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Marines Curtail Flights in Hawaii After Complaints

MV-22 Osprey aircraft with Marine Medium Tiltrotor Squadron (VMM) 268, 1st Marine Aircraft Wing, also known as the "Red Dragons', depart from Marine Corps Base Hawaii, April 19, 2017. (U.S. Marine Corps photo/Cpl. Aaron S. Patterson)
MV-22 Osprey aircraft with Marine Medium Tiltrotor Squadron (VMM) 268, 1st Marine Aircraft Wing, also known as the "Red Dragons', depart from Marine Corps Base Hawaii, April 19, 2017. (U.S. Marine Corps photo/Cpl. Aaron S. Patterson)

The Marine Corps has agreed to cut back its use of Upolu Airport on Hawaii island after residents complained about hundreds of tilt-rotor Osprey and helicopter operations there.

The Marines made the decision after Earthjustice attorney David Henkin wrote to the Corps saying a previous environmental impact statement for the basing of MV-22 Ospreys and H-1 helicopters in Hawaii specified that flight operations at Upolu would be limited to 25 per year.

Henkin noted the Corps also said the use of the airport "would be infrequent."

The clash comes as Marine Corps Base Hawaii increases its Osprey contingent and in recent years added to its helicopter mix. At the same time, the Marines and Army in particular continue to be challenged in meeting training requirements in Hawaii.

According to Earthjustice, an environmental law organization, community members in Hawi logged more than 800 Osprey and helicopter operations at Upolu Airport in the first three months of 2017 alone.

"Such noisy, dangerous operations are completely inappropriate for our quiet, rural community, with limited resources to respond to potential accidents," community organizer Alyssa Slaven was quoted by Earthjustice as saying.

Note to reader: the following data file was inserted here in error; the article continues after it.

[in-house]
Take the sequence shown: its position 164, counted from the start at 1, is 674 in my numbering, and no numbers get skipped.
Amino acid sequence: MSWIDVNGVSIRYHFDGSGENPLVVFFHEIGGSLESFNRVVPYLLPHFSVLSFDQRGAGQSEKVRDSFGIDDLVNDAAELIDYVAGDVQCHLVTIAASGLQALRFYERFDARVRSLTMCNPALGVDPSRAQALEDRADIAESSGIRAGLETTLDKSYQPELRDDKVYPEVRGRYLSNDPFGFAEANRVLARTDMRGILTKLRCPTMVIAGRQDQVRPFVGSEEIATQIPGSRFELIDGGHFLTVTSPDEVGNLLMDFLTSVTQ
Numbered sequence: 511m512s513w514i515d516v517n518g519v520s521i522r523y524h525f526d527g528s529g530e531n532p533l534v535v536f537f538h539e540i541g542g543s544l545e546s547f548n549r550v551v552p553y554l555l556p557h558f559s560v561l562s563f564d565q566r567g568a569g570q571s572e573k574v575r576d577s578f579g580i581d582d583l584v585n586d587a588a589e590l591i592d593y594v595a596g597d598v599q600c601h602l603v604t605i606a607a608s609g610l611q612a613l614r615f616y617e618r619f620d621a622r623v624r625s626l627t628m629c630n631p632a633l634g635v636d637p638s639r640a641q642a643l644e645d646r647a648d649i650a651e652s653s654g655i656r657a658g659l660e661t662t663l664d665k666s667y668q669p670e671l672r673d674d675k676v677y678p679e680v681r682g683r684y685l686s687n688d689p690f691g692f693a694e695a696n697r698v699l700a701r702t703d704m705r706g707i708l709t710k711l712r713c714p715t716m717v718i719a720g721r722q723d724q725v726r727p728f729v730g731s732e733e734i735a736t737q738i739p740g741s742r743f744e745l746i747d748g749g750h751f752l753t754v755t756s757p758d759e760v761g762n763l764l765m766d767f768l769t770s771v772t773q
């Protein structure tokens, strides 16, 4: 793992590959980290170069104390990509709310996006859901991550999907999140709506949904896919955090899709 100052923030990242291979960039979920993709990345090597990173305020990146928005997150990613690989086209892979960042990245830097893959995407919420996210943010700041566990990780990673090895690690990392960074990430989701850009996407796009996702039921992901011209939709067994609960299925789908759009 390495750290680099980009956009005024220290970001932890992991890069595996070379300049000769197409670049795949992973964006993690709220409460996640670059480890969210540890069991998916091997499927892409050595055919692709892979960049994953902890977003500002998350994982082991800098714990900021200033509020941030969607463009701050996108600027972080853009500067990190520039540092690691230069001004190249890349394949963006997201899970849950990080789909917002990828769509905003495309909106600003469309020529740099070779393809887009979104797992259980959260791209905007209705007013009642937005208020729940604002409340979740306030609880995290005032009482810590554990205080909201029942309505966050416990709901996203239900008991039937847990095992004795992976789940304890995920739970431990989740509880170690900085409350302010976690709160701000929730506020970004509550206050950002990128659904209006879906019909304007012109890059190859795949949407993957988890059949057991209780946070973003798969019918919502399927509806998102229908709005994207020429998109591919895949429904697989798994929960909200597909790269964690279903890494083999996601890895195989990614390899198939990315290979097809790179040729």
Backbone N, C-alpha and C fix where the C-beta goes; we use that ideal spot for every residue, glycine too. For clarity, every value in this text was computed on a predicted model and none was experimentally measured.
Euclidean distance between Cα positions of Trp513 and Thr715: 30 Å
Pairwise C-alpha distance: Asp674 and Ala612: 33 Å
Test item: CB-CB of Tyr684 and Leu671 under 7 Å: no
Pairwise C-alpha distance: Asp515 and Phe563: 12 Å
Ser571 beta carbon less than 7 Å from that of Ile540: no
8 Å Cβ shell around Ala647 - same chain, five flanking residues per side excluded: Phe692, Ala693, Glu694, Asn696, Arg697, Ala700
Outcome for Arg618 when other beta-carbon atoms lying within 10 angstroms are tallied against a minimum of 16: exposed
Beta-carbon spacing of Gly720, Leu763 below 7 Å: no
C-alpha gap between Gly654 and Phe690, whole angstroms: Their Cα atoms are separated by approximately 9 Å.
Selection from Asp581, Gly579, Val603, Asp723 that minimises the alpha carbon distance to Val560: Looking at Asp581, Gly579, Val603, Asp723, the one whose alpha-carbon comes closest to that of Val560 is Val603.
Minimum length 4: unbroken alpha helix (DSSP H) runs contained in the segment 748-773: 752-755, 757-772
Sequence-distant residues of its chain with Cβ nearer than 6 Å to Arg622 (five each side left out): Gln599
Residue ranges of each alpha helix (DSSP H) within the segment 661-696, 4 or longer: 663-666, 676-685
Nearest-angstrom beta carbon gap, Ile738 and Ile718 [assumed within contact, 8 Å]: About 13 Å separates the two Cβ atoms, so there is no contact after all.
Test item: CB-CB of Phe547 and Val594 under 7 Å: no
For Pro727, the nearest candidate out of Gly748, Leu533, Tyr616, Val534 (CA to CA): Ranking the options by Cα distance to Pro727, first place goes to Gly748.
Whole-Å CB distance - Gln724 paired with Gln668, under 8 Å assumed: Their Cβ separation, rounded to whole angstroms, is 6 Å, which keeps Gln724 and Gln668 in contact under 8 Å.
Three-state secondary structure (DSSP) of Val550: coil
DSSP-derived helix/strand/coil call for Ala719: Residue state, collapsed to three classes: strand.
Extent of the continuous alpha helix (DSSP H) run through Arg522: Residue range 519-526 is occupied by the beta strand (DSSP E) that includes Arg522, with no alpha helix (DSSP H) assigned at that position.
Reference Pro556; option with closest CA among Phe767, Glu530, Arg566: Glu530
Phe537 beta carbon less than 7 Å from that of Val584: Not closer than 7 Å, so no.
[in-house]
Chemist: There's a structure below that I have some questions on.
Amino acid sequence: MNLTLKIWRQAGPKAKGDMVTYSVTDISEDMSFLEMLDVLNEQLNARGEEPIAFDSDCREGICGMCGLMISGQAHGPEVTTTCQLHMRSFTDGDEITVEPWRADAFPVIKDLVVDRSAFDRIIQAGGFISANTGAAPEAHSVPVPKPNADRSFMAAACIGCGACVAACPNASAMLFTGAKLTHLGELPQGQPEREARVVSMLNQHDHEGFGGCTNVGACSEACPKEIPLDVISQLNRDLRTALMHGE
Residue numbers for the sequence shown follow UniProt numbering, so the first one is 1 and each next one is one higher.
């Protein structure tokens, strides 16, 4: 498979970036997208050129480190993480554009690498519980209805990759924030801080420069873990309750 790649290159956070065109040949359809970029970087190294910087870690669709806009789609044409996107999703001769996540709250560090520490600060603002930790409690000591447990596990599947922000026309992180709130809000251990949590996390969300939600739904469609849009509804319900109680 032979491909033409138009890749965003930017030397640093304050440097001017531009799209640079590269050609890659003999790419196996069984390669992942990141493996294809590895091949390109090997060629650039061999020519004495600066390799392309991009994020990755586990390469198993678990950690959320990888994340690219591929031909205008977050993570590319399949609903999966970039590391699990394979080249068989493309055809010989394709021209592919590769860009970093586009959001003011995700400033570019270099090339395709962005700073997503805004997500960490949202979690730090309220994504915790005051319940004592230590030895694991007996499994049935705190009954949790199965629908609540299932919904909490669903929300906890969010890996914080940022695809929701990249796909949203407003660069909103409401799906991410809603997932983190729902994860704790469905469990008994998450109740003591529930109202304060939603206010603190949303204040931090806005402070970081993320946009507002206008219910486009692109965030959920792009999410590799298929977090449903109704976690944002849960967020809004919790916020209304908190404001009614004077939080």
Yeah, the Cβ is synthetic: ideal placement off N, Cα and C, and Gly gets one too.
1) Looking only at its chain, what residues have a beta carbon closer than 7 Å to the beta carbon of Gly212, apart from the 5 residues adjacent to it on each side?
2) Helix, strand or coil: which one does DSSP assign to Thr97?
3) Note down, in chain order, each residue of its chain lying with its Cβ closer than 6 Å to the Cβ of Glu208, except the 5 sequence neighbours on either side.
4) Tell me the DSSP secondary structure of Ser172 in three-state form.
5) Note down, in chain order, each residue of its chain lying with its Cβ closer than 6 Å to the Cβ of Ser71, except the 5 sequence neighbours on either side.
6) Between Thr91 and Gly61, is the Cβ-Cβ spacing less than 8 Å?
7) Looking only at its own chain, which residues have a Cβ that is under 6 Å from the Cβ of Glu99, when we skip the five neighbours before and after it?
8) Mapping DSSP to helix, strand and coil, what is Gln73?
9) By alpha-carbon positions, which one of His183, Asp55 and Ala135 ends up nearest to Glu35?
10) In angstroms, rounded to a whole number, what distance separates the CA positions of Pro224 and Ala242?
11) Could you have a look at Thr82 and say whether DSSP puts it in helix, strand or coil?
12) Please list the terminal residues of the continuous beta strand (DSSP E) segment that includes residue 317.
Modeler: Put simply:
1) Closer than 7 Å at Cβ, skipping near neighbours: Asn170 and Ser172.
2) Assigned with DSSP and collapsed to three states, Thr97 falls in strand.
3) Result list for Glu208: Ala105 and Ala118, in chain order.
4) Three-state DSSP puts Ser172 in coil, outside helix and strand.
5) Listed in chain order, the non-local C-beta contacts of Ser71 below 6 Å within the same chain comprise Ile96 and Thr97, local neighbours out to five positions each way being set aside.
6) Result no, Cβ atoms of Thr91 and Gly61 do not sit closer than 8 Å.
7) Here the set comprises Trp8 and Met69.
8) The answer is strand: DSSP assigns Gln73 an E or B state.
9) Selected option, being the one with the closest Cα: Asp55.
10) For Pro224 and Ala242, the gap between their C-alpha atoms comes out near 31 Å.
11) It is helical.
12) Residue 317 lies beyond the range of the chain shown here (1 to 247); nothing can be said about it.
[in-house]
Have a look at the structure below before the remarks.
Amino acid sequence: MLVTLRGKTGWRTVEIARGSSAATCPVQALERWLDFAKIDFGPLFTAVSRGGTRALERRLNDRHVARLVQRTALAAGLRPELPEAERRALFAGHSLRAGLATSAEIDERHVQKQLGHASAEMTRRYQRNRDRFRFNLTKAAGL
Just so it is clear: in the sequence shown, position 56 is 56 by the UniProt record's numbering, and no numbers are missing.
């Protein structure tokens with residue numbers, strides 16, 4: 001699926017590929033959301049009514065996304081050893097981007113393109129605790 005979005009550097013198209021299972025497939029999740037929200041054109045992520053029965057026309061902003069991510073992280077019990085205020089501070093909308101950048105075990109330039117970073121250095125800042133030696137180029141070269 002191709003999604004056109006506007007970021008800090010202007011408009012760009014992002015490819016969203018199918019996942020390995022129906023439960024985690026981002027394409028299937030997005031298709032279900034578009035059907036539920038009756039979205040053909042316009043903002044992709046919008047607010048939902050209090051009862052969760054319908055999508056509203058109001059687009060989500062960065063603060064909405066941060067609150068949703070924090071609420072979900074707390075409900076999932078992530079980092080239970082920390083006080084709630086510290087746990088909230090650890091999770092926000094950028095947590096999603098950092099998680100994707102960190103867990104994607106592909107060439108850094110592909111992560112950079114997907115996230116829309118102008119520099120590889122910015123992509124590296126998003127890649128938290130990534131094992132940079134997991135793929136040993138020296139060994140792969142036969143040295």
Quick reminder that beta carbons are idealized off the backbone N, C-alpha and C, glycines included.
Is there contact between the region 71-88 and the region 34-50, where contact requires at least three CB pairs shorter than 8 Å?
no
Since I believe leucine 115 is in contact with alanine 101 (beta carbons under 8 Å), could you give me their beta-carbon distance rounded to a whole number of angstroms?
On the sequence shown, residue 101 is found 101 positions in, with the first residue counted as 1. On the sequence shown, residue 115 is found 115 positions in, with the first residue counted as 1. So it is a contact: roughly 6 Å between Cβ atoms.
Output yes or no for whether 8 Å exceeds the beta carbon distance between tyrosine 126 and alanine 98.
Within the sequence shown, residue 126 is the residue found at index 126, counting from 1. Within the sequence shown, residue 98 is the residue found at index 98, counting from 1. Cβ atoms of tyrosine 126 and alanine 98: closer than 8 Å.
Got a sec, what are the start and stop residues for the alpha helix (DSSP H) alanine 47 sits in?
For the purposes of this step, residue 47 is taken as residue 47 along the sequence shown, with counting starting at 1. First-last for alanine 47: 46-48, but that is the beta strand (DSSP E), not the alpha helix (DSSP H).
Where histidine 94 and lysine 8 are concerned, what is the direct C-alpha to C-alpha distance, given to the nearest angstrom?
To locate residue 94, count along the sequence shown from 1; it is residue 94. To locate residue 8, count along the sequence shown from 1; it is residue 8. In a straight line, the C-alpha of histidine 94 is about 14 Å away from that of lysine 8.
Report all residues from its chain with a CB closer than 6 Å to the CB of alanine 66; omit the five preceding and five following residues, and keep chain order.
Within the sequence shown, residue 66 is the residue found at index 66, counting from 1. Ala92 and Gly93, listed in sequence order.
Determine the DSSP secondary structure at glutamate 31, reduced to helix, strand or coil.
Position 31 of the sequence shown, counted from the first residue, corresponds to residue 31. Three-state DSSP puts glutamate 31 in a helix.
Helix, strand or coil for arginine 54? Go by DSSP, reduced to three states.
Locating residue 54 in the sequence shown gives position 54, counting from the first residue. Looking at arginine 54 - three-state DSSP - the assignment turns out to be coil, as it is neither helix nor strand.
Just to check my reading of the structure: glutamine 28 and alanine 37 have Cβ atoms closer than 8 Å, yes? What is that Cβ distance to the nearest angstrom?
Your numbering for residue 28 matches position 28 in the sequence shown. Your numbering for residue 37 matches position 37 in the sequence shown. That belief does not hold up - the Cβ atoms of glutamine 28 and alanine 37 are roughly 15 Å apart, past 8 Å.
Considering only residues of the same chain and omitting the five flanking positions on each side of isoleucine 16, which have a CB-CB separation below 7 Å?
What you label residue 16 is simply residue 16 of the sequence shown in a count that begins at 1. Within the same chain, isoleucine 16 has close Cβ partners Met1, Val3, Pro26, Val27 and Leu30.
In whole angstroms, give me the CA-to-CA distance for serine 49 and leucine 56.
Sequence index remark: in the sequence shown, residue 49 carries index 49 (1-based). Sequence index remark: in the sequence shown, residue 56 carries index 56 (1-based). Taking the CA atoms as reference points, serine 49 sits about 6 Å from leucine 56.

Steven Forjohn, an attorney for the commander of Marine Corps Base Hawaii, said in a letter to Henkin dated Friday that "following careful review of the situation, Hawaii-based USMC aircraft will return to the projected estimated number of 25 routine administrative operations per year" at Upolu.

Given the number of Osprey operations that have already occurred at Upolu this calendar year, the Marines will limit use of the airport for the remainder of the year to only emergency landings and required weather diversions, Forjohn said.

Forjohn also said that the Marine Corps "is re-evaluating its training requirements in Hawaii" and that one possible result may be a supplemental environmental impact statement that might propose changed or increased flight operations at Upolu.

Henkin lauded the Marine Corps' decision. "It is, unfortunately, rare for a government agency to acknowledge that it needs to correct its mistakes and make the necessary changes voluntarily," Henkin said in a release. "We applaud the Marines for doing the right thing."

Marine Medium Tiltrotor Squadron 268 now has 12 Ospreys at Kaneohe Bay. A second squadron and another 12 are due in Hawaii in the 2018 fiscal year.

Marine Light Attack Helicopter Squadron 367, meanwhile, was moved out to Kaneohe Bay starting in 2012 with AH-1W Super Cobra attack helicopters and UH-1Y Huey utility helicopters.

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